Tuesday, January 04, 2005


Life in Banda Aceh

Some news from the Earthquake zone

The World Health Organization (WHO) said cases of pneumonia, diarrhea, malaria and skin infections were emerging along with some cases of gangrene because survivors had been exposed to polluted water and not treated carefully enough.

Vijay Nath, a WHO medical officer supervising the emergency response program in Banda Aceh, said he had a fairly good picture of the health situation in the provincial capital and there had been no confirmed cases of cholera.

"But on the west coast, we just don't know what is happening," he said.

Parts of Banda Aceh city were deserted, especially the downtown area near the waterfront, where buildings were flattened by the massive Dec. 26 quake and killer waves. Small fires smoldered in a desperate attempt to burn stacks of debris.

In front of a collapsed shopping mall where food and water were being distributed, at least 1,000 people queued for water from a private aid station set up by businessmen.

Volunteers handed out rice, marking people's fingers with ink that would wash off after a day to allow them to collect more.

Residents said that, outside the huge makeshift refugee camps, it was still a struggle to get adequate food and water for their families, many of whom were injured or sick.

"If you don't live in a refugee camp, you have to queue like this. It's very hard for us also out here," Ramzi, 27, told Reuters as he queued for water. He said he and 15 relatives were living in a house undamaged by the tsunami.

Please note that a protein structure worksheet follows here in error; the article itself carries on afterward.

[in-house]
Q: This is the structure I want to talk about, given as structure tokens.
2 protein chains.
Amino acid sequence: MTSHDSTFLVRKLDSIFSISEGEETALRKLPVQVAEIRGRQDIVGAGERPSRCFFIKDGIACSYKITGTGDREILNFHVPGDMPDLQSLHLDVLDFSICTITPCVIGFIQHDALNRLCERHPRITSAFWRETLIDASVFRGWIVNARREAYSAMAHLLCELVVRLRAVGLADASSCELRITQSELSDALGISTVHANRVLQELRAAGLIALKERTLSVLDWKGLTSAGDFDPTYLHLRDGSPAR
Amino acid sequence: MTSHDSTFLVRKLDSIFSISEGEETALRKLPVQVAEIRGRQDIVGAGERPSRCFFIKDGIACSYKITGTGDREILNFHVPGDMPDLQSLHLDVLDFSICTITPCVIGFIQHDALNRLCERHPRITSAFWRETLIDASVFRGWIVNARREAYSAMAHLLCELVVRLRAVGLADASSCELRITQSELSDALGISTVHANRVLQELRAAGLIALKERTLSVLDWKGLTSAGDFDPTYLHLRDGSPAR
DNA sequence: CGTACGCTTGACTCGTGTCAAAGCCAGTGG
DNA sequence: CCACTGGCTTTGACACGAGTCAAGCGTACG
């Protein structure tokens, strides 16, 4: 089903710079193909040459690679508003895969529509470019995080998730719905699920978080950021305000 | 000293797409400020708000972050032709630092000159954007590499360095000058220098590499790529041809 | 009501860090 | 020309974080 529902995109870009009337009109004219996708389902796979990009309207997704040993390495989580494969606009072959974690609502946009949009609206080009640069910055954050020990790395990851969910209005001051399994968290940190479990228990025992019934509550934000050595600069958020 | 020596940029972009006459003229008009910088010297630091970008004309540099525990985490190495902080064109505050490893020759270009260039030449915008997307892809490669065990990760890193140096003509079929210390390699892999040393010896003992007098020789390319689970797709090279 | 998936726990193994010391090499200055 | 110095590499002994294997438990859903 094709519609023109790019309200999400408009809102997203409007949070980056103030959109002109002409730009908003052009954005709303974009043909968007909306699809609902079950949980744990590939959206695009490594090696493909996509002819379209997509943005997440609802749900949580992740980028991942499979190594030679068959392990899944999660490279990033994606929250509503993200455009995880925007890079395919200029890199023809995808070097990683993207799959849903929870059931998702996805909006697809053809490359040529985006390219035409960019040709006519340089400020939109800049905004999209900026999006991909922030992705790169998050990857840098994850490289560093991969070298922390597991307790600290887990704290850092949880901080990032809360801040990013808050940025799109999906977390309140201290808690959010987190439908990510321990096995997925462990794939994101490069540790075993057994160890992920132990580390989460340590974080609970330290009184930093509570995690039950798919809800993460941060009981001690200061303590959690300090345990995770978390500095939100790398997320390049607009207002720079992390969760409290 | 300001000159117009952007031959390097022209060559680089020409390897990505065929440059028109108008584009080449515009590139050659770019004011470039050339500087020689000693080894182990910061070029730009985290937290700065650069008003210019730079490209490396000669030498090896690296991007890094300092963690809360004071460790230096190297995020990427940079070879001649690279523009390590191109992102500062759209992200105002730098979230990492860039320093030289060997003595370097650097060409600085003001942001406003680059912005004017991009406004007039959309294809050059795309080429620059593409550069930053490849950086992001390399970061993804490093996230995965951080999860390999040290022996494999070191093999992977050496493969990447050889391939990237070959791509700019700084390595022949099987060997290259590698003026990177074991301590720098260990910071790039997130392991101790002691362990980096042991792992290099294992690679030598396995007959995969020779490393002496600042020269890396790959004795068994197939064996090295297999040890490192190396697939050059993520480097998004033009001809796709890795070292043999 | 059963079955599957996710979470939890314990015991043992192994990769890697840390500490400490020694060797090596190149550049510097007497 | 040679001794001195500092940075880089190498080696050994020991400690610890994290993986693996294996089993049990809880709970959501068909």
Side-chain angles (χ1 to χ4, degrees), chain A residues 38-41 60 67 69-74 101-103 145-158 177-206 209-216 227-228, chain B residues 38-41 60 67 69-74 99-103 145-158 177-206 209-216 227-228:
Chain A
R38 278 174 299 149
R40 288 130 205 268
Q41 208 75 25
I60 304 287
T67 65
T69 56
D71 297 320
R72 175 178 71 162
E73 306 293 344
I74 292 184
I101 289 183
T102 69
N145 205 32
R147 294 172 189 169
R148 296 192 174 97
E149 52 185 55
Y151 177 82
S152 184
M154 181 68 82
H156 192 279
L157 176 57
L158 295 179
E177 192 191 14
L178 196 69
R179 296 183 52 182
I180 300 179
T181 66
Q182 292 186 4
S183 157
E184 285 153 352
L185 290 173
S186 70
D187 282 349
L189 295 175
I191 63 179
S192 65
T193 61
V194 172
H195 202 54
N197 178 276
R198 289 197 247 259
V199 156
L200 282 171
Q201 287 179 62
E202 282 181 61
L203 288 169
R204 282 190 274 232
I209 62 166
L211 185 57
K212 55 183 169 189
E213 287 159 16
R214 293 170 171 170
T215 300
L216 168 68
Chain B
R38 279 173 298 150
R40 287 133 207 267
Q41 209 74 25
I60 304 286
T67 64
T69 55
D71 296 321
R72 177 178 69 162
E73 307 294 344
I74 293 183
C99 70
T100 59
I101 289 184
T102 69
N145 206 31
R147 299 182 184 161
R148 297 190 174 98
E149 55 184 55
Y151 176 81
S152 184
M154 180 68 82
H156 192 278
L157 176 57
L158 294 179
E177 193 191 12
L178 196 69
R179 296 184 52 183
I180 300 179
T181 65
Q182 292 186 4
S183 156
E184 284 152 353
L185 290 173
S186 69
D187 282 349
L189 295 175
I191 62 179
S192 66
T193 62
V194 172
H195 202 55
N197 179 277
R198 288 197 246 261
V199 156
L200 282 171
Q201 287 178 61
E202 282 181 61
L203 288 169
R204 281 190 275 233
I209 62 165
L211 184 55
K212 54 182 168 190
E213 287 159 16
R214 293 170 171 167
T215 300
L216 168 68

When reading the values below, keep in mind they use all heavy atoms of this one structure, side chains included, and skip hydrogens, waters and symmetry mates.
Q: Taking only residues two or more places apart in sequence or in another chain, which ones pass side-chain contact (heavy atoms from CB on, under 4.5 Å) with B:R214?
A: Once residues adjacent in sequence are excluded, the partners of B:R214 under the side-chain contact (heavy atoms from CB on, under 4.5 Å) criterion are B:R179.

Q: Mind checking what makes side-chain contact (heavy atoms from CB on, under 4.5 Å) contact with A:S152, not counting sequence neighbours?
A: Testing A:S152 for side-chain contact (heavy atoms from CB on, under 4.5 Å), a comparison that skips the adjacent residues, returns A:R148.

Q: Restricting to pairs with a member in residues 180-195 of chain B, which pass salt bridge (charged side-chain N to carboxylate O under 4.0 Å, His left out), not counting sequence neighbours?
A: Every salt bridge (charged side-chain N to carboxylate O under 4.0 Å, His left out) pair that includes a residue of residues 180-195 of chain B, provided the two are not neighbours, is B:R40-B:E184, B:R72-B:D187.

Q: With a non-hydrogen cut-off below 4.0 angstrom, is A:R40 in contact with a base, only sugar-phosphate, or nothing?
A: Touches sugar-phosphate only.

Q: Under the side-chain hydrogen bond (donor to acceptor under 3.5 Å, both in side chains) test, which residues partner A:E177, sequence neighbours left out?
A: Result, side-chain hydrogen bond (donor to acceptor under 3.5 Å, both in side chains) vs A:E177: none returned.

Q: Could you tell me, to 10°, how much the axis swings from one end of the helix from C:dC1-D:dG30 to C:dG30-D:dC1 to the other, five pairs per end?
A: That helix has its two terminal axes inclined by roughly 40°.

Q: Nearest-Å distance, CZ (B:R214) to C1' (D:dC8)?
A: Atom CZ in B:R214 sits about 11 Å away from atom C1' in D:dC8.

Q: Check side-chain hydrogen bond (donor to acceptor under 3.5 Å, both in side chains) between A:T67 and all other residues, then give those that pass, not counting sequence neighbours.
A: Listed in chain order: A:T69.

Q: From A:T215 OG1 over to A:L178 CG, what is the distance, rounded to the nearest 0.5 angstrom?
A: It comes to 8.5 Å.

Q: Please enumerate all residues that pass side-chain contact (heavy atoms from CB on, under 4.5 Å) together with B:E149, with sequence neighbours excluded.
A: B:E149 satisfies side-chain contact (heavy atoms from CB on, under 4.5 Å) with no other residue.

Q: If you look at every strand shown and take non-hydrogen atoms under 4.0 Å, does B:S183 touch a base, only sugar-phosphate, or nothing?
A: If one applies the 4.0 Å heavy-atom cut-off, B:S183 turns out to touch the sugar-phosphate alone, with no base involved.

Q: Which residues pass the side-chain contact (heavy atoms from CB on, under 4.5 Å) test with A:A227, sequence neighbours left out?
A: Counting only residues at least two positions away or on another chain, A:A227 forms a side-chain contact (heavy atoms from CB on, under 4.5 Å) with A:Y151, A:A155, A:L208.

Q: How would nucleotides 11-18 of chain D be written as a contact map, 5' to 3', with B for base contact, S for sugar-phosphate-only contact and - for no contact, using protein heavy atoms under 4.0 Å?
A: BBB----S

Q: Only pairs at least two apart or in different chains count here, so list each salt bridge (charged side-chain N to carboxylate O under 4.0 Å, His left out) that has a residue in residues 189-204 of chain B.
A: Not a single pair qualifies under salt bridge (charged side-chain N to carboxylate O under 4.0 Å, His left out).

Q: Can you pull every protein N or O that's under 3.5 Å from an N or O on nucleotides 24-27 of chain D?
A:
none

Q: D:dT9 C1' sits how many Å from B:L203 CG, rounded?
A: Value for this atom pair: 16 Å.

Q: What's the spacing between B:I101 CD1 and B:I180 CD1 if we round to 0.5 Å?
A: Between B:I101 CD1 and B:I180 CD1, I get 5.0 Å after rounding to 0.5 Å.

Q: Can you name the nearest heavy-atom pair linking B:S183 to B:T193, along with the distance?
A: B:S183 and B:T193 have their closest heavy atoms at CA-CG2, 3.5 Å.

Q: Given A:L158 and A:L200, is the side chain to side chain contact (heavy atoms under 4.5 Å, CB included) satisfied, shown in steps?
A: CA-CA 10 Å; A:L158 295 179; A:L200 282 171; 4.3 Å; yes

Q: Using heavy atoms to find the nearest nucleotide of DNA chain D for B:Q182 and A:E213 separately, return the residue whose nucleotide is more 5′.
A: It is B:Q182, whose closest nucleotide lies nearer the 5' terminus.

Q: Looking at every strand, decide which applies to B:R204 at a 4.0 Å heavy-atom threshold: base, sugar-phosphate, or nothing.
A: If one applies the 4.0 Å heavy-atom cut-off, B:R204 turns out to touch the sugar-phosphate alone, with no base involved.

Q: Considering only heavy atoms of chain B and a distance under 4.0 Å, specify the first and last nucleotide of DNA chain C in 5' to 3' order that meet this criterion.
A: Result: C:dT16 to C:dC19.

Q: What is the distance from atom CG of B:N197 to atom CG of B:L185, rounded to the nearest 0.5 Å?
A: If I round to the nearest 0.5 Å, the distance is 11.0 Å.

The Health Ministry said nearly 400,000 people were refugees in Aceh, a province of about four million at the northern tip of Sumatra. More than 94,000 were killed in Indonesia, two thirds of the total toll of nearly 145,000.

When I was a kid in New Orleans, I went through the devastation of Hurricane Betsy...we had no power for days, contaminated water, rubble everywhere...people I knew were trapped for days in their attics waiting for the waters to go down. A few years later, I saw the power of water when we saw the scouring of what Hurricane Camille did to the nearby gulf coast. When I was grown, I discovered what it is like to come home and find your home destroyed by an arsonist. Yet these are small scale destructions compared to what these people are going through.

Don't forget them. It takes time to rebuild.

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